Life satisfaction was operationalized by the Questionnaire on Life Satisfaction (FLZM) and social integration was measured by the brief Loneliness Scale (LS-S). The Questionnaire on Life Satisfaction FLZM [28] is a multi-dimensional self-report measure of individual life satisfaction covering eight relevant areas of life (friends, leisure time activities/hobbies, general health, income, work/ career, housing/living conditions, family life and partnership/sexuality). The sum score of all dimensions was used as an index of global life satisfaction. Respondents rated the present satisfaction with these dimensions on a scale from 1 = “dissatisfied” to 5 = “very satisfied”. The scale is valid and has been applied in diverse studies [29]. As the scale assessed conceptually different domains, the life satisfaction sum-scores indicated only sufficient internal consistency (Cronbach alpha = .70).

The brief Loneliness Scale (LS-S; [30] reliably assessed emotional and social loneliness. The three items (“how often do you feel that… “you are missing the company of others”, “being left out” and “being socially isolated”) were rated on a 5-point scale from 0 = “never”, 1 = “rarely”, 2 = “sometimes”, 3 = “often” to 4 = “very often”. Cronbach alpha in the present study was = .84.

Statistical Analysis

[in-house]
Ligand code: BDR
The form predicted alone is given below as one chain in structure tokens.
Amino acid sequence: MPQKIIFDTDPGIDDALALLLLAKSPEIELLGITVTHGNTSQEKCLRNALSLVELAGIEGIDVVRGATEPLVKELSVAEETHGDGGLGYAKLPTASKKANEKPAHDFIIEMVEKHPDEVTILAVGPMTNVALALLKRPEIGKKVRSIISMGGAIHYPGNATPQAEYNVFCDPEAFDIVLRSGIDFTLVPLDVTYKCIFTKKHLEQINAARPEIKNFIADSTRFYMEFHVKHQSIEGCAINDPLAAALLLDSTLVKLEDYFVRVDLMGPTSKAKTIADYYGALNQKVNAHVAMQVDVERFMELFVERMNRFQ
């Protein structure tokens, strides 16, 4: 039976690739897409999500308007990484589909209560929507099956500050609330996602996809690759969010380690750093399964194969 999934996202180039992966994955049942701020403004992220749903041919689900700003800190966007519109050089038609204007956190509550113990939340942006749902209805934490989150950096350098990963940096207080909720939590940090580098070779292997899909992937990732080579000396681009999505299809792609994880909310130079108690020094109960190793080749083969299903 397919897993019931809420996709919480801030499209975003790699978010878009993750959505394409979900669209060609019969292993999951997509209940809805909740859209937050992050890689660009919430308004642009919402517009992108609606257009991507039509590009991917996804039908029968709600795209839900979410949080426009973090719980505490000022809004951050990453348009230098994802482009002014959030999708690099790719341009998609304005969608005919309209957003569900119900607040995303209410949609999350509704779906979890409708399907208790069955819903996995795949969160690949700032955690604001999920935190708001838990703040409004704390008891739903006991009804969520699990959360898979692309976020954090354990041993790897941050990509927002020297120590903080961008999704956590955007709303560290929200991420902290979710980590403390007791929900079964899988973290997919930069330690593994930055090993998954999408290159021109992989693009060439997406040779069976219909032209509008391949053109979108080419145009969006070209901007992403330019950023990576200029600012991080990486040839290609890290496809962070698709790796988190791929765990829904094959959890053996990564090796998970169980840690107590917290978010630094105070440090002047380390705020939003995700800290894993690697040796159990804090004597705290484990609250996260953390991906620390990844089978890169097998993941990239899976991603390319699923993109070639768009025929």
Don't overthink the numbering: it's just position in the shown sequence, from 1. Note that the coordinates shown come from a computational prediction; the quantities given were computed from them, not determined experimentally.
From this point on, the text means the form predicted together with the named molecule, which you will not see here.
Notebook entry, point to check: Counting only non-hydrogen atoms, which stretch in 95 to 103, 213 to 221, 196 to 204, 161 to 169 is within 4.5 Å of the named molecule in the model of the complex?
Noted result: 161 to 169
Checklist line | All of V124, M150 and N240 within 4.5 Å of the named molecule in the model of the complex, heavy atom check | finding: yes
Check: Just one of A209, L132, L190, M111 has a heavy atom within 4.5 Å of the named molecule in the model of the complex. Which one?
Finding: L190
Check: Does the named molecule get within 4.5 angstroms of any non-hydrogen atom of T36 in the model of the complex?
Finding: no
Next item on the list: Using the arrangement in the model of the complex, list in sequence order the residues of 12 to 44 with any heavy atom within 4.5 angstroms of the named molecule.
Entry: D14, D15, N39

For all analyses the GPS-K was used as a continuous measure. Age was categorized by decades. The age group from 14 to 29 years was grouped together, so that the different age groups had comparable sample sizes. Further, participants are expected to undergo and complete their academic and vocational training during this age period. Thus, we wanted to determine the effect of educational training, respectively student status on procrastination by comparing students and pupils with those without any ongoing educational training within the age group from 14 to 29 years. A one-way ANOVA with post hoc comparisons (Scheffé test) was conducted for group comparisons using procrastination as dependent and age groups, respectively employment status as independent variables. One-sided t-tests, were used to analyze group differences in regard to socio-demographic variables. Post hoc ANCOVA with age as a covariate was calculated. Associations of procrastination with distress, stress and life satisfaction and loneliness were determined by Pearson correlations. Correlations in the order of .10 were considered small, those of .30 of moderate and beyond .50 of strong magnitude [31]. A linear regression was performed defining the sum score of the GPS-K as outcome variable. Due to the exploratory nature of the analysis, the predictors were selected by a stepwise method. As this was an exploratory study alpha adjustment was not performed. Because of the large number of tests applied in this study, p-values should be interpreted with caution and in connection with effect estimates. We performed calculations by SPSS Version 21.0.